This is a low power view of a breast showing fibrosis (black arrow) separating ducts and lobules.
Some ducts are dilated and contain inspissated secretions (yellow arrows).
Another duct shows more than two cell layers within the lumen (blue arrows) consistent with proliferation.
It is not possible to tell at this power if this is typical, atypical or neoplastic intraductal proliferation.
|Duct Hyperplasia (Non-atypical)|
Secondary to an irregular response by breast tissue to hormonal stimuli
May be due to relative or absolute excess of estrogen, decrease in progesterone, or abnormal response to either hormone by breast tissue
Reproductive age women
Found either by mammography or incidentally
In the absence of atypia increased relative risk of developing breast carcinoma is 1.5-2 fold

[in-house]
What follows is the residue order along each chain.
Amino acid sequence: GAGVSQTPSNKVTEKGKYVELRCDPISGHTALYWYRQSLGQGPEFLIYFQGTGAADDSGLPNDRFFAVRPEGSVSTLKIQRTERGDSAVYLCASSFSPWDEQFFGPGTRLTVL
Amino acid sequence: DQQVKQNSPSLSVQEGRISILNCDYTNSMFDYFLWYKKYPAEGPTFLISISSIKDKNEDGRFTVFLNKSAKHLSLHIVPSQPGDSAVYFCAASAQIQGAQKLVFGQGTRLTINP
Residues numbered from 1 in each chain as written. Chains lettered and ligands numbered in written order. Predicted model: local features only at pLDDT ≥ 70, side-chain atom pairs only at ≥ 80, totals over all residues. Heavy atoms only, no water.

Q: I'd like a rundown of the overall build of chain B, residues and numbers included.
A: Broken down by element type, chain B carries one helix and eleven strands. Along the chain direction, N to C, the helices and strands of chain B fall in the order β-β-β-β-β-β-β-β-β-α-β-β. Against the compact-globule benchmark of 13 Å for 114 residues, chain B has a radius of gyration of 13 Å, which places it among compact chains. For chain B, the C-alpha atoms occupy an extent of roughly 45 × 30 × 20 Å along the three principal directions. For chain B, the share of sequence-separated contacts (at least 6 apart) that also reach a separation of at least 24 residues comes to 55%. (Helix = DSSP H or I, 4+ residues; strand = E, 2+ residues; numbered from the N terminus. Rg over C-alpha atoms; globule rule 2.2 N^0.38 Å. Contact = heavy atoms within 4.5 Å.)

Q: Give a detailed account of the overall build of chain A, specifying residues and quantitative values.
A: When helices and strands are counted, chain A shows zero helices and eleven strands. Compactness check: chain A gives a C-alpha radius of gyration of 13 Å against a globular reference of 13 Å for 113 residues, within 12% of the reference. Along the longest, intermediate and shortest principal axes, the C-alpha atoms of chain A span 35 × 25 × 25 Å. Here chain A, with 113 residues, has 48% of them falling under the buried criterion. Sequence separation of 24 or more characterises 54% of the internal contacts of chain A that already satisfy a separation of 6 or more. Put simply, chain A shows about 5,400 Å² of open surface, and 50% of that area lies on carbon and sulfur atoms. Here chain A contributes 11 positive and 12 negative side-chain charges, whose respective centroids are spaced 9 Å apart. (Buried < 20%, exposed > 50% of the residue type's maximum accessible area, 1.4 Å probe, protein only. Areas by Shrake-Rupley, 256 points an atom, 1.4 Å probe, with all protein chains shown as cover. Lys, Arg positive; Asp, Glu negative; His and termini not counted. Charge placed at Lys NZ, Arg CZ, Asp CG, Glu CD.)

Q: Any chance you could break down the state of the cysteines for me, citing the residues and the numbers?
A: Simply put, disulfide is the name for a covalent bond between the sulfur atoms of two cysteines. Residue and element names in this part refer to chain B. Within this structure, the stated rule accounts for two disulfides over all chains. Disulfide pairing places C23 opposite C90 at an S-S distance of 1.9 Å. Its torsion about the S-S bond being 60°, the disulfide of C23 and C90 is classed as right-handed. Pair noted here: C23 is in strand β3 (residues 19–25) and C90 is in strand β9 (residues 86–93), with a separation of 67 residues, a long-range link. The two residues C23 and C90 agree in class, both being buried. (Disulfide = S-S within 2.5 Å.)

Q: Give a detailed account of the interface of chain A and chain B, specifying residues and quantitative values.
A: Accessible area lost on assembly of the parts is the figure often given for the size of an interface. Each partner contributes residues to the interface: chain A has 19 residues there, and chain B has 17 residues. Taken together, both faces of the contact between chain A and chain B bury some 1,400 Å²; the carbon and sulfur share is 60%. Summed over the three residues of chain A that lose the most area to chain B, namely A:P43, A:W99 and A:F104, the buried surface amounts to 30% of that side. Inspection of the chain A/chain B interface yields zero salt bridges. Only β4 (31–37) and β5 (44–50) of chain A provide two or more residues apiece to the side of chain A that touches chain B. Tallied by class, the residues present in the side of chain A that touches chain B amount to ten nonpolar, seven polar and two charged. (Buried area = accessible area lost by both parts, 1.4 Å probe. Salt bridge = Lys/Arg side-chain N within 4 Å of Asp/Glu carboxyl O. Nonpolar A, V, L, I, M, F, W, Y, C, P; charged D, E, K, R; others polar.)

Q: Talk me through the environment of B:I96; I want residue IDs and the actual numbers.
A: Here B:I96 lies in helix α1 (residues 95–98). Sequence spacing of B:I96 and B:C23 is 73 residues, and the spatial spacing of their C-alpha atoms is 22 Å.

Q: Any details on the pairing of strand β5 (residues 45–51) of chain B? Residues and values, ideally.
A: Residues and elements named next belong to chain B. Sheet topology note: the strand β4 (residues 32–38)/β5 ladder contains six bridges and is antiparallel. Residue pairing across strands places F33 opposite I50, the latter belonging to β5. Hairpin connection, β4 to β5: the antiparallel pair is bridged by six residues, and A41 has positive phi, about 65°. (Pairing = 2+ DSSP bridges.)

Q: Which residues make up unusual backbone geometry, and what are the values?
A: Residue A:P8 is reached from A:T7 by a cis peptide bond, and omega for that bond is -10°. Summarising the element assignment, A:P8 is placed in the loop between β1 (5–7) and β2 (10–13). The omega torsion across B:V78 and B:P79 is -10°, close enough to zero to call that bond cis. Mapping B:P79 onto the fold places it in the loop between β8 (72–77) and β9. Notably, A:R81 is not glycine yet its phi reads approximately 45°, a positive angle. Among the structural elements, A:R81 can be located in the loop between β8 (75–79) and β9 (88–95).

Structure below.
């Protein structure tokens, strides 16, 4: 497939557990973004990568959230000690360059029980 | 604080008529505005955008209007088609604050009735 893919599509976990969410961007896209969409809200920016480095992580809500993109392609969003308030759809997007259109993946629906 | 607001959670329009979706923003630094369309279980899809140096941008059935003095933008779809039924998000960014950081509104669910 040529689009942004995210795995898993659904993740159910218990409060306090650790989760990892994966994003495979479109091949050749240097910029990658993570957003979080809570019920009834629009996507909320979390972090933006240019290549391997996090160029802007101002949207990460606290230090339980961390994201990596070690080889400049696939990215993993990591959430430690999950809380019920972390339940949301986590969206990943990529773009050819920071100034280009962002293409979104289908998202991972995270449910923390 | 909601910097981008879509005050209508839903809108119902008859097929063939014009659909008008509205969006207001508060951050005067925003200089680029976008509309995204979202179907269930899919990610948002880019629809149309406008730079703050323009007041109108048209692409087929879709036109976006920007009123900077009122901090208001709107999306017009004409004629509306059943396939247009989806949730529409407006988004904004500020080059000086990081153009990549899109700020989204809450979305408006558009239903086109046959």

|General Gross Description|
May be associated with microcalcifications within the lumens
Gross findings may be of fibrocystic change
|General Micro Description|
Ducts exhibit more than the usual two layer epithelium (inner cuboidal to columnar cells; outer layer of myoepithelium)
May be a solid mass of cells filling the ducts
May show papillary infoldings (with fibrovascular cores termed papillomatosis)
Maintain intact myoepithelial layer
Slit-like spaces between cells
Cells retain orientation toward lumen and/or slits
Microcalcifications within ducts
Robbins and Cotran: Pathologic Basis of Disease, 7th ed., 2005, pp. 1127-28.